Gambling Addiction, particularly in this day and age, is a very serious problem in the western world. A huge proportion of the population watches sports on Sky television, and the number of adverts on betting has significantly increased over the last ten years. In addition, wages, for many, have plateaued, and the cost of living, certainly in the UK, has become very expensive for the average person. In addition, we are constantly getting messages from the media about celebrities who are spending vast amounts of money in their social lives. As a result, people are trying to earn money quickly in their spare time, and one possible solution to this problem is betting. Some people gamble on line, and others prefer to go to a betting shop. There are, of course, some people who are good at hedging their bets; however, most people will lose at least 30% of the time. In fact, the odds are always stacked against you.
There is a small group of people, however, who become addicted to gambling, and these people either need to stop—if they can—or seek psychological help. A gambling addict can have a bad effect on the whole of the family. For example, some gambling addicts lose their entire weekly wage in one day. And, as a result, sometimes, they then turn to borrowing money for the rest of the week. Some take out loans, while others borrow money from friends and family and spend this in the betting shop, too. Gamblers are always chasing the next big win. In fact, they are always chasing money. They often forget their losses and give others advice about how to bet—either on line, in a casino or in a betting shop. Once gamblers get members of their family involved it becomes a vicious cycle; and, in these instances, it is important to see a specialist.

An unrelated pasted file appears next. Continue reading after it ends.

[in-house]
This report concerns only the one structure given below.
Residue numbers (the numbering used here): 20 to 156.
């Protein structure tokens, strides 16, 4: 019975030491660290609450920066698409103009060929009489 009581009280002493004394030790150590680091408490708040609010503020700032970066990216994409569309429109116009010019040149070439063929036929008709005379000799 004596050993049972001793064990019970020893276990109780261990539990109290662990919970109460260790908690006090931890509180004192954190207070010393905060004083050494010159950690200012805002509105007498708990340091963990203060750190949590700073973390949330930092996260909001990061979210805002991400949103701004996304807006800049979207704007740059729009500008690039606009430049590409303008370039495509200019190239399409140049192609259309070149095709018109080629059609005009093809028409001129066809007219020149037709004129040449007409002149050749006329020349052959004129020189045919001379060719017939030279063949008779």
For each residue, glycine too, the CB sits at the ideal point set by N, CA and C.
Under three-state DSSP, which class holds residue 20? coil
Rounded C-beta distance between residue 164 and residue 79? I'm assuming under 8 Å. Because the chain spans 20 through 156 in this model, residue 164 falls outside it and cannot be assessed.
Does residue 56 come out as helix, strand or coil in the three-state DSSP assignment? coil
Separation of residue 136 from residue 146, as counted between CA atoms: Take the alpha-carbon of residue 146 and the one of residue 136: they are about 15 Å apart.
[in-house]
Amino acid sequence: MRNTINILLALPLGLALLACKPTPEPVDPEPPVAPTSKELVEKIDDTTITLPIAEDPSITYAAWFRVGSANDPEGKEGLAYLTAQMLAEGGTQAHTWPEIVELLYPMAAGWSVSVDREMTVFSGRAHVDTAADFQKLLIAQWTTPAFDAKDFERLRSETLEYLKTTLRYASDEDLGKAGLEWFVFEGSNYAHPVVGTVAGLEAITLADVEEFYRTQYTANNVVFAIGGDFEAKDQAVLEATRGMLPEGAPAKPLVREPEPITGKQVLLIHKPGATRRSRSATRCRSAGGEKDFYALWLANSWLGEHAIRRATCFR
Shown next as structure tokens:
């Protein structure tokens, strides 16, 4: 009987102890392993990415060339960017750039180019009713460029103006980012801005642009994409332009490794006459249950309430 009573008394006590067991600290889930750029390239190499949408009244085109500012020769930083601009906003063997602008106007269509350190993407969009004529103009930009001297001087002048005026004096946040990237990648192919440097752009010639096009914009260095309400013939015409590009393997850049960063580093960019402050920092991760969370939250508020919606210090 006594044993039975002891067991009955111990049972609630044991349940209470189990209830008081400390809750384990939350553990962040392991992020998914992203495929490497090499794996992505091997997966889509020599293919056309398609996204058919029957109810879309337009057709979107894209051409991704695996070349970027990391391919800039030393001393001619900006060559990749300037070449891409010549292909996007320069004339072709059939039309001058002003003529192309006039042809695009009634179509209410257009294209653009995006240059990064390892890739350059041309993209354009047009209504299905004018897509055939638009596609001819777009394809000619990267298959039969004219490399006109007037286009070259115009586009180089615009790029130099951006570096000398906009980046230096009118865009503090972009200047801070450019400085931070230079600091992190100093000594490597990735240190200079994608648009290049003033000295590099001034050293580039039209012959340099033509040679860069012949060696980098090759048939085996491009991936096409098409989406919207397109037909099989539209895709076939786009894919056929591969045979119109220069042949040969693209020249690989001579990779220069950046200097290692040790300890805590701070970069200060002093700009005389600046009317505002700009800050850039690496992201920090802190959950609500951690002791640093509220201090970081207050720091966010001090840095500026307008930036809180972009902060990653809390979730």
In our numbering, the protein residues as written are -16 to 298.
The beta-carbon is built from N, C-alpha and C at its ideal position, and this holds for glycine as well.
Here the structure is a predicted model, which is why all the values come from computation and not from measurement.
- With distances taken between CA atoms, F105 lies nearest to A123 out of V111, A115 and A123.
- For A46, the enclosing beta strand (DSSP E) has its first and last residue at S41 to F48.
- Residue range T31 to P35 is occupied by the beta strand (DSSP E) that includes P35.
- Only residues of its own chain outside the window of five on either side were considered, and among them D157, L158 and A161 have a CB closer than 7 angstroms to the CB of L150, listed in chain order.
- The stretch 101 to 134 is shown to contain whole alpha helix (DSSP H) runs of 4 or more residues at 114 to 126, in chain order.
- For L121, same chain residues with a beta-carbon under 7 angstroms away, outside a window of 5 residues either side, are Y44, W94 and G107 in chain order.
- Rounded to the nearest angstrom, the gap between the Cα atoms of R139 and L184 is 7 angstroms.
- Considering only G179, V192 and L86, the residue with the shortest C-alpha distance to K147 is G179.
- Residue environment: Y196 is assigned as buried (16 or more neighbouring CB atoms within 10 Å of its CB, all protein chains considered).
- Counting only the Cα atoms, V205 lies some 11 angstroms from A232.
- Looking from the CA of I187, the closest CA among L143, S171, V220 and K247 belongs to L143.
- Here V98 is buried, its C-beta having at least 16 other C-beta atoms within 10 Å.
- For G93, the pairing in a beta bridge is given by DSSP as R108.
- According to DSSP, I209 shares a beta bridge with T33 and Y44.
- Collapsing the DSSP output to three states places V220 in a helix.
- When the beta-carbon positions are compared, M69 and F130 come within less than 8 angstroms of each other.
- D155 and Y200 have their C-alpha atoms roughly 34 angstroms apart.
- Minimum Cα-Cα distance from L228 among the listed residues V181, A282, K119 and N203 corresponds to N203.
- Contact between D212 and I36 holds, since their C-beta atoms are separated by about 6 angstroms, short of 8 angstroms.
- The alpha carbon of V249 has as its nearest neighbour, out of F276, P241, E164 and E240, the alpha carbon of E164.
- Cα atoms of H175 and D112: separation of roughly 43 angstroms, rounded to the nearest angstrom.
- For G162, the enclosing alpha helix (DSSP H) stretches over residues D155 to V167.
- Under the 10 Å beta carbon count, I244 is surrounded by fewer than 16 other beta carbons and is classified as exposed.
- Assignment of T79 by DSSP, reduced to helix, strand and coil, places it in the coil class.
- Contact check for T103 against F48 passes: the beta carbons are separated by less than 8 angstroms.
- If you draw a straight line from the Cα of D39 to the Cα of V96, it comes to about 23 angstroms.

David Kraft is a very skilled psychotherapist who has successfully treated a huge range of gamblers over the years. The approach that he takes is multi-modal. He uses hypnotherapy—specifically, aversion therapy—in order to help people to stop gambling. During this process, he will pair gambling with something that the client does not like. As a result, every time the client feels like gambling, he or she is confronted with this aversive stimulus. Alongside this aversion, David will provide his clients with a huge amount of ego strengthening and help them to visualise their desired future as a non-gambler. As the treatment progresses, David will take a counselling approach and encourage each individual to remain a non-gambler. It is essential in this process to have the support from loved ones. This process is a complete abstinence programme. The idea here is that the client does not ever return to gambling again.
David has a clinic in Enfield. For an appointment, simply ring one of the numbers below. The clinic is just off the A10, opposite the Travel Lodge.
Appointments: 0207 467 8564/07946 579645